Bugging Out: Training Is What Really Prepares You For the Real Thing


Several years ago I had an encounter with a bear that made me realize I wasn’t in as good of shape as I thought I was.  I knew that being physically fit was a key element to being prepared, but as a mom with three kids, I just didn’t have the money or time to join a gym.  At the time, I’d say I was about as fit as the average person- maybe a little more so because the average person doesn’t regularly lift 50-pound sacks of feed, but if there was one area that I was sorely lacking in it was cardio-fitness.  I had long ago become accustomed to my daily chores and none of them raised my heart rate very much.

Getting Started

It costs nothing to wear your everyday clothes and go for a walk, which is exactly what you’ll most likely be doing if you need to bug out on foot if the SHTF.  The best way to train for anything is to wear and use the clothes and equipment while training that you’d be wearing and using during the actual event.  This allows you to become familiar with the way your equipment feels and to train for muscle memory.

” Muscle memory has been used synonymously with motor learning, which is a form of procedural memory that involves consolidating a specific motor task into memory through repetition. When a movement is repeated over time, a long-term muscle memory is created for that task, eventually allowing it to be performed without conscious effort. This process decreases the need for attention and creates maximum efficiency within the motor and memory systems. Examples of muscle memory are found in many everyday activities that become automatic and improve with practice, such as riding a bicycle, typing on a keyboard, typing in a PIN, playing a musical instrument, or martial arts.” (Source)

So, unless you plan on bugging out in gym clothes while riding a stationary bike, train exactly as you plan to bug out.  For me, the ultimate goal was to be able to hike in rugged terrain while wearing a backpack.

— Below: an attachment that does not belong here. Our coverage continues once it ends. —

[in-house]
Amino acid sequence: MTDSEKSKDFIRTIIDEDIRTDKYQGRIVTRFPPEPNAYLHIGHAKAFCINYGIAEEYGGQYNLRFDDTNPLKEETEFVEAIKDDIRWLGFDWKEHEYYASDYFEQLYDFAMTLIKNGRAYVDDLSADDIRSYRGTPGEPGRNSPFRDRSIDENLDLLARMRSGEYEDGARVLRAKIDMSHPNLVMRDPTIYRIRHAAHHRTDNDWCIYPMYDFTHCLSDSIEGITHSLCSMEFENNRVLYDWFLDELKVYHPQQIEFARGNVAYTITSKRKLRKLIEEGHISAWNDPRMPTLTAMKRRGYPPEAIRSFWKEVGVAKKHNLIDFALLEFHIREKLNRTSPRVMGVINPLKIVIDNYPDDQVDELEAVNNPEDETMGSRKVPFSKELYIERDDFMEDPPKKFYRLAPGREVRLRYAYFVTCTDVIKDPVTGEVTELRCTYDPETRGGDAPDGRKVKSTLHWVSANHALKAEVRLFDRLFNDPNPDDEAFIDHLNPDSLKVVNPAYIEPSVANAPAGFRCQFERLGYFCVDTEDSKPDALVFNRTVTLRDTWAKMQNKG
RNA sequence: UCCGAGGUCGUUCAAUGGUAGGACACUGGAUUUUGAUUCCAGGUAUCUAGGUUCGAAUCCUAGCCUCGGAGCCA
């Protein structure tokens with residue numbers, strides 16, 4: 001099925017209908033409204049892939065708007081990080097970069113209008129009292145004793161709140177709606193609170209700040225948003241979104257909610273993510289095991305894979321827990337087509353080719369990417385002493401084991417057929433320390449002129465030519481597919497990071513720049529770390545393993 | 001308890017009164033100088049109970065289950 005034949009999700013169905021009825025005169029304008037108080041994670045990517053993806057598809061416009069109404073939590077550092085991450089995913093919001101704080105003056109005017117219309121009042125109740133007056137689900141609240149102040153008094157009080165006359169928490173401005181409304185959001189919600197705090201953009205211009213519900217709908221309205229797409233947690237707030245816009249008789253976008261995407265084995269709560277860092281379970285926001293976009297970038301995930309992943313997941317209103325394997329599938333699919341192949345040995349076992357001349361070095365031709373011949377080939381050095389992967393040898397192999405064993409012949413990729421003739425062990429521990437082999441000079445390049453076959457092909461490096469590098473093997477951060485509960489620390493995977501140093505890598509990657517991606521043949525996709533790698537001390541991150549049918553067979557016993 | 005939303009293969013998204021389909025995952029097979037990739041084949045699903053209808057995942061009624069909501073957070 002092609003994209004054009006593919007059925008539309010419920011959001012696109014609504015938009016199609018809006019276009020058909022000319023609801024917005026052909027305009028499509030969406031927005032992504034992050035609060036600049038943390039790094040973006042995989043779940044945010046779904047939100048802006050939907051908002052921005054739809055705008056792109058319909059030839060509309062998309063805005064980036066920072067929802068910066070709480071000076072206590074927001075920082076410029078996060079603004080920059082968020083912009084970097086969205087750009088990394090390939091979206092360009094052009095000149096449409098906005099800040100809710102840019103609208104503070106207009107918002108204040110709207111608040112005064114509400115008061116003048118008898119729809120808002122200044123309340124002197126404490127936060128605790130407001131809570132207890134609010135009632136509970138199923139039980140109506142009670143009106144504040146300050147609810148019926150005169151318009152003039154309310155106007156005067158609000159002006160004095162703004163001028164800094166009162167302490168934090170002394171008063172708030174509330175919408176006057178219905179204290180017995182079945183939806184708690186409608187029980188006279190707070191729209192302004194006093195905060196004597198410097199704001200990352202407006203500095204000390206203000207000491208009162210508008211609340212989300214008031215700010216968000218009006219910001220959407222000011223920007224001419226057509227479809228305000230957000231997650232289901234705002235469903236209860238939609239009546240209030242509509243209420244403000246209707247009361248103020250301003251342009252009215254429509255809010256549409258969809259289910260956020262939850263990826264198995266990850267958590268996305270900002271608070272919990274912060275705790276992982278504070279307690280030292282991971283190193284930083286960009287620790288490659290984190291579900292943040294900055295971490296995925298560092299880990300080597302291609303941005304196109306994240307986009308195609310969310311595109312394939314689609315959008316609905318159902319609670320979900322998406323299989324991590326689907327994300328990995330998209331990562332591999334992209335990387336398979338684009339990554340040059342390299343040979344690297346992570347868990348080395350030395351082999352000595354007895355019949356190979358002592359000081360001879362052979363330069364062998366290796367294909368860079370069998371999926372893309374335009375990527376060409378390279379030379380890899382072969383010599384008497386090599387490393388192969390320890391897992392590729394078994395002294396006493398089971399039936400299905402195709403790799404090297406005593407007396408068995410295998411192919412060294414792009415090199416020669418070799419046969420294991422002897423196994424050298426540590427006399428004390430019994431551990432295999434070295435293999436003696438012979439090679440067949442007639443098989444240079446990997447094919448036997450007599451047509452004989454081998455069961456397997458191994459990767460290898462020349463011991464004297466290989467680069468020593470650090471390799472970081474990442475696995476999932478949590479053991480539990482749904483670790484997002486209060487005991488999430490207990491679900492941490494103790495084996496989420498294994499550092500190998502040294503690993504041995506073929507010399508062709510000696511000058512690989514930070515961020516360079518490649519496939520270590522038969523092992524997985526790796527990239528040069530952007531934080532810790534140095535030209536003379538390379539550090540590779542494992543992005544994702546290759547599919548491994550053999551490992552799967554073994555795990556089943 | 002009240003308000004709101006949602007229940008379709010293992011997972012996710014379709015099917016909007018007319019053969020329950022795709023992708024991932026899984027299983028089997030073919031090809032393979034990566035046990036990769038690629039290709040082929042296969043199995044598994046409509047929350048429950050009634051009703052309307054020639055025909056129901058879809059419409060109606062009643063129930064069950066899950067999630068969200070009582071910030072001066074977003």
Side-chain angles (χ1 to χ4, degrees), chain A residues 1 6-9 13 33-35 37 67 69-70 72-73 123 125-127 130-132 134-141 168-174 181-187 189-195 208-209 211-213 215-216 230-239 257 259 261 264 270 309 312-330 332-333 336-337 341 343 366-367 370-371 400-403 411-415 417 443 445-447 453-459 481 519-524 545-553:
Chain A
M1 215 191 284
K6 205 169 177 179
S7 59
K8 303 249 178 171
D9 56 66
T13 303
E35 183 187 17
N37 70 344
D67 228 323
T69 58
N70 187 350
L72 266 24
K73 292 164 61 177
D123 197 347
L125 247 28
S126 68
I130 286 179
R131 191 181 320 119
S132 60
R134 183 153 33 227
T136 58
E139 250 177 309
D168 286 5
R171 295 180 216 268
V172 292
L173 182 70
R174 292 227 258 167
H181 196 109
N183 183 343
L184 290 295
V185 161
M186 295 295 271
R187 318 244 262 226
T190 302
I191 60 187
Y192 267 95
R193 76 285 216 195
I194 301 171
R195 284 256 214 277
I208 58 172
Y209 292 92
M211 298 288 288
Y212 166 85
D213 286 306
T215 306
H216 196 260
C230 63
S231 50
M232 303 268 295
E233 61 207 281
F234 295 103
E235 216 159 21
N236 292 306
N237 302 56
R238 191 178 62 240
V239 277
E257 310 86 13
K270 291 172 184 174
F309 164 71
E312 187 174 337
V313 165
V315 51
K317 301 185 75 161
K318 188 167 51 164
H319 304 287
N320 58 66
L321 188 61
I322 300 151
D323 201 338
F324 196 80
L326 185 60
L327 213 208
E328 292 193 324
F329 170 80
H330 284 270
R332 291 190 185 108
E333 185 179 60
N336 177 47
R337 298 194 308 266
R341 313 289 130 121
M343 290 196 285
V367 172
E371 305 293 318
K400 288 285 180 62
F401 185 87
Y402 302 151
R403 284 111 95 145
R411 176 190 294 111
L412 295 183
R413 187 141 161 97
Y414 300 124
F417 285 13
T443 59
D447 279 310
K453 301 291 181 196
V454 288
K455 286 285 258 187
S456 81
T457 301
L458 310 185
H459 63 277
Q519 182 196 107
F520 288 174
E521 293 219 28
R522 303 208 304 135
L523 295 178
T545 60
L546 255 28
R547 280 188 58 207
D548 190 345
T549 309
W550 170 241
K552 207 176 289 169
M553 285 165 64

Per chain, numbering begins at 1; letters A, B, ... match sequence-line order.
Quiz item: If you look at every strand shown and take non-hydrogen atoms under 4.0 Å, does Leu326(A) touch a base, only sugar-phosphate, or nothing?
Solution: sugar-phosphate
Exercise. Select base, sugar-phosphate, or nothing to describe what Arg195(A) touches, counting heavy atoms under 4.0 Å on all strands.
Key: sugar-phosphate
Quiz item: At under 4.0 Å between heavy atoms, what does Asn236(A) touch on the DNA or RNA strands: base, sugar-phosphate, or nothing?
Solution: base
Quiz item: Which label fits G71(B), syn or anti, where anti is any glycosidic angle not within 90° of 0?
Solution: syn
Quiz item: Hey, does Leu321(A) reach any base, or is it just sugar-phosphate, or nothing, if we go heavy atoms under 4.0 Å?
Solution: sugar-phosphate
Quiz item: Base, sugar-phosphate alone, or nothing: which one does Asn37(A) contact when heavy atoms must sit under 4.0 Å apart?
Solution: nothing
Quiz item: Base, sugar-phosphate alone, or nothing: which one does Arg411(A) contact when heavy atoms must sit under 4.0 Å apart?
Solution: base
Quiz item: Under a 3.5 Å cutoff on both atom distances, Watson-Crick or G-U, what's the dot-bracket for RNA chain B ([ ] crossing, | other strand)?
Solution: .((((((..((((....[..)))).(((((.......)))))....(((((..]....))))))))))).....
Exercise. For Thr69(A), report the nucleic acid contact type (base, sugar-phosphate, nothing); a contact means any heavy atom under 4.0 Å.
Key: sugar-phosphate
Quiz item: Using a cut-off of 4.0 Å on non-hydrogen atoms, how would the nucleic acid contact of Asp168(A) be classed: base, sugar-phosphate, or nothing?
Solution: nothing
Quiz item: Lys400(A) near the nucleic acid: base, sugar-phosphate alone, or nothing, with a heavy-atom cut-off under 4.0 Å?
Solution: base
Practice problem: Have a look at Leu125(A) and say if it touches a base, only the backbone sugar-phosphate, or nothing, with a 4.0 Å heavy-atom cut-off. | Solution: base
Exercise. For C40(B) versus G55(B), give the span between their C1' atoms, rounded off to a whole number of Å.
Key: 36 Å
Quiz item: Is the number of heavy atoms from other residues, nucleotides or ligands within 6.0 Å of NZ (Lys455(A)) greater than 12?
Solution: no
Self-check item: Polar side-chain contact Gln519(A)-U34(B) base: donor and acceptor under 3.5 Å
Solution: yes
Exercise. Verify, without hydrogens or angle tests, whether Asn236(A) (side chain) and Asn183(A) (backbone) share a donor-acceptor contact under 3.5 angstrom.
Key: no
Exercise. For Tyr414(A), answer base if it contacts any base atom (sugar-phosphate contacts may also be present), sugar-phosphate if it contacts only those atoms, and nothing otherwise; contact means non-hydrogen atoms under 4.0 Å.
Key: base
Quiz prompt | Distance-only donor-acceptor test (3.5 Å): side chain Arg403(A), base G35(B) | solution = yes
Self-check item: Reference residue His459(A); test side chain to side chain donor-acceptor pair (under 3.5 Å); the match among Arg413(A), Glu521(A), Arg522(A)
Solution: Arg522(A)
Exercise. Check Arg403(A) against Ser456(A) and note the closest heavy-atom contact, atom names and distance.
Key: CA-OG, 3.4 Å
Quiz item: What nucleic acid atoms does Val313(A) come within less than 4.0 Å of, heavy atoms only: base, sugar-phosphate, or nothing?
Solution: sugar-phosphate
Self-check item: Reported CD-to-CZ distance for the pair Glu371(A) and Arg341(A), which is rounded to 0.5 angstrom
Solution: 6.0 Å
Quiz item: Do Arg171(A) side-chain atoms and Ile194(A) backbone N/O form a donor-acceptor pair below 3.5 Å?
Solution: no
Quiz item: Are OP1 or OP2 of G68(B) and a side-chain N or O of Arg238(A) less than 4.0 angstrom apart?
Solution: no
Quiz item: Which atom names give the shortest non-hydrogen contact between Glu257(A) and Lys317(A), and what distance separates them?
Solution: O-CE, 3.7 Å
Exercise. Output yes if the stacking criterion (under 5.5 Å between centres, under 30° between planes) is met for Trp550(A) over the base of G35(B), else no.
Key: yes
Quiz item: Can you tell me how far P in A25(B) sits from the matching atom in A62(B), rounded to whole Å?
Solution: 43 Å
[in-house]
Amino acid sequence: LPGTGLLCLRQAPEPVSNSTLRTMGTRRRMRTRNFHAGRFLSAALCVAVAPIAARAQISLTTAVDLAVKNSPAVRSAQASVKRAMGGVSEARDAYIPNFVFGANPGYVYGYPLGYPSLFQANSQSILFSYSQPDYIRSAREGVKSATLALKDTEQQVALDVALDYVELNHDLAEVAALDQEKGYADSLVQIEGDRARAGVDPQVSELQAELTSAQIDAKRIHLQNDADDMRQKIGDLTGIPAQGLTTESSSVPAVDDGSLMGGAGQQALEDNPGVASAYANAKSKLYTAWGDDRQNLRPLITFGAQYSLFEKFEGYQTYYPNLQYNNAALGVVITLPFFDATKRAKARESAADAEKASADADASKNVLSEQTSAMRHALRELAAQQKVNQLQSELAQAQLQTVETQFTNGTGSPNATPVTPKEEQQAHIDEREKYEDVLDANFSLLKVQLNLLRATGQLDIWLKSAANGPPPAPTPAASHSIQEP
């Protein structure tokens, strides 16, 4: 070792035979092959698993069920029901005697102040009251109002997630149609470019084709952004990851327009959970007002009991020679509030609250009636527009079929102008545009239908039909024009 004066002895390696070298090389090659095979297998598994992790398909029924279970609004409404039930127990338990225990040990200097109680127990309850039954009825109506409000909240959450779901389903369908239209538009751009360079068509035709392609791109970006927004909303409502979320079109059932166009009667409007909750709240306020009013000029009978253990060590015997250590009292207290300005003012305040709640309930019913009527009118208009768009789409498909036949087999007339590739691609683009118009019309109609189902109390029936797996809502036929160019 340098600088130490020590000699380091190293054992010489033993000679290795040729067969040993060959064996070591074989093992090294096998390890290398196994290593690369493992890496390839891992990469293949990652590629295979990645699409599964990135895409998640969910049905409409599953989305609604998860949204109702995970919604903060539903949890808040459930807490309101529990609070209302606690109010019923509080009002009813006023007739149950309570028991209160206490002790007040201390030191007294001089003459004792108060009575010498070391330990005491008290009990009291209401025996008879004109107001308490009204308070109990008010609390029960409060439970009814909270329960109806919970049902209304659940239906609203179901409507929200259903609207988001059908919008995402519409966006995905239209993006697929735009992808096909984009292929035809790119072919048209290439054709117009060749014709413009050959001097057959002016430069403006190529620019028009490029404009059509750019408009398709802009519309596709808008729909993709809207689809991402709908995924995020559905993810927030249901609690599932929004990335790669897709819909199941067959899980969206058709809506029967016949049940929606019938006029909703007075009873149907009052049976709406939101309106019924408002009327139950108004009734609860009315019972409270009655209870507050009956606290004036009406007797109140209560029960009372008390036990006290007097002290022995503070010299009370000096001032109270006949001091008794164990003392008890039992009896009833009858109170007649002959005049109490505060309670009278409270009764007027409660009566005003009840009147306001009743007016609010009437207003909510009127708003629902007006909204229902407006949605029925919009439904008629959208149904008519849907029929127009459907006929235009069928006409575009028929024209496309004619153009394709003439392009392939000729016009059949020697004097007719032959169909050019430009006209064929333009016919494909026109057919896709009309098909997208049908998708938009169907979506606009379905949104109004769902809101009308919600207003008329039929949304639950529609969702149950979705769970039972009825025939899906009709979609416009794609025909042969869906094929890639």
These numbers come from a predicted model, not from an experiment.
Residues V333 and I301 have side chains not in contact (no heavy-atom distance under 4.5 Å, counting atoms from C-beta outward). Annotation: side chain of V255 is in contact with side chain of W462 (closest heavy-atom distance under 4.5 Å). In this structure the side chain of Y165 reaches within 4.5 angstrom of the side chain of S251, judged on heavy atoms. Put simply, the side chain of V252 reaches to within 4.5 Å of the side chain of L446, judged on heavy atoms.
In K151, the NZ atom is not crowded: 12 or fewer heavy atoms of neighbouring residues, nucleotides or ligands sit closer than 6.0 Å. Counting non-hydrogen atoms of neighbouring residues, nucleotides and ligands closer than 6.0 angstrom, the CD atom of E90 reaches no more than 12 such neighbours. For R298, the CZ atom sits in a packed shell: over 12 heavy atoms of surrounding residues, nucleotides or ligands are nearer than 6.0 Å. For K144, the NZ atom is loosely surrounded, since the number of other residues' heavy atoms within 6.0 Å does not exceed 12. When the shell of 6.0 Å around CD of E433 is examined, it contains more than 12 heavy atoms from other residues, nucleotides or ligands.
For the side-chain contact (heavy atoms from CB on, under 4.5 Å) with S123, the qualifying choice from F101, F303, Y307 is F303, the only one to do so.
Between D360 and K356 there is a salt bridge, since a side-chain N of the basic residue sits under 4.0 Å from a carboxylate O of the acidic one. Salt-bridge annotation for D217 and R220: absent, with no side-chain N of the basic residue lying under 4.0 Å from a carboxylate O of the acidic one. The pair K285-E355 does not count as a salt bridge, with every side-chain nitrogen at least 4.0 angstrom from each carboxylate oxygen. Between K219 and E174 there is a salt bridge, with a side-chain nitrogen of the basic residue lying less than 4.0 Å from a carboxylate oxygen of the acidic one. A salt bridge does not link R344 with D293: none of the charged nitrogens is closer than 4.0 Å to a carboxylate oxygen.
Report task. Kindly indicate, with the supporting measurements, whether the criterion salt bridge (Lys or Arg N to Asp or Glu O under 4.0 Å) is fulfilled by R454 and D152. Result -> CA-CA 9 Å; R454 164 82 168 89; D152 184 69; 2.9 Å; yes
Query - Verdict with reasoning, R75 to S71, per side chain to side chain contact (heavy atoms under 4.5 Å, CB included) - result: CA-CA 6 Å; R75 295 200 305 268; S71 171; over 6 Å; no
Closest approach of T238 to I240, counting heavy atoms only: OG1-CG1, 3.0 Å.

Assess Your Fitness

Always know your baseline health before you start any fitness regimen.  If possible (and applicable), get your cholesterol, blood pressure, oxygen saturation, and resting heart rate checked.  These readings will allow you to determine where your overall health stands now and will give you a baseline to compare to as you improve.  What you should NOT do is weigh yourself.  Weight, in this context, has nothing to do with fitness and will only serve to distract you from your true goal.  Remember, this isn’t about meeting some arbitrary standard of beauty- this is about becoming prepared to face physical challenges in the event of an emergency.

Next, determine where you are most likely going to be should you need to bug out and where you intend to go and then plot that course.  Typically, your start point (Point A) is going to be the place you spend the majority of your week.  Getting the baseline for your ability to go from point A to point B is simple- walk out the door wearing your everyday clothes, shoes, and nothing else.  Go empty-handed and without your BOB.  Note the time you start and walk as fast as you can (without breaking into a trot) for as long as you can, then note the time again.  Make note of how far you’ve come. This is your Point B. Walk back at a leisurely pace, if you like.  No need to hurry- after all, during a real bugout, you won’t likely be racing back to where you just came from.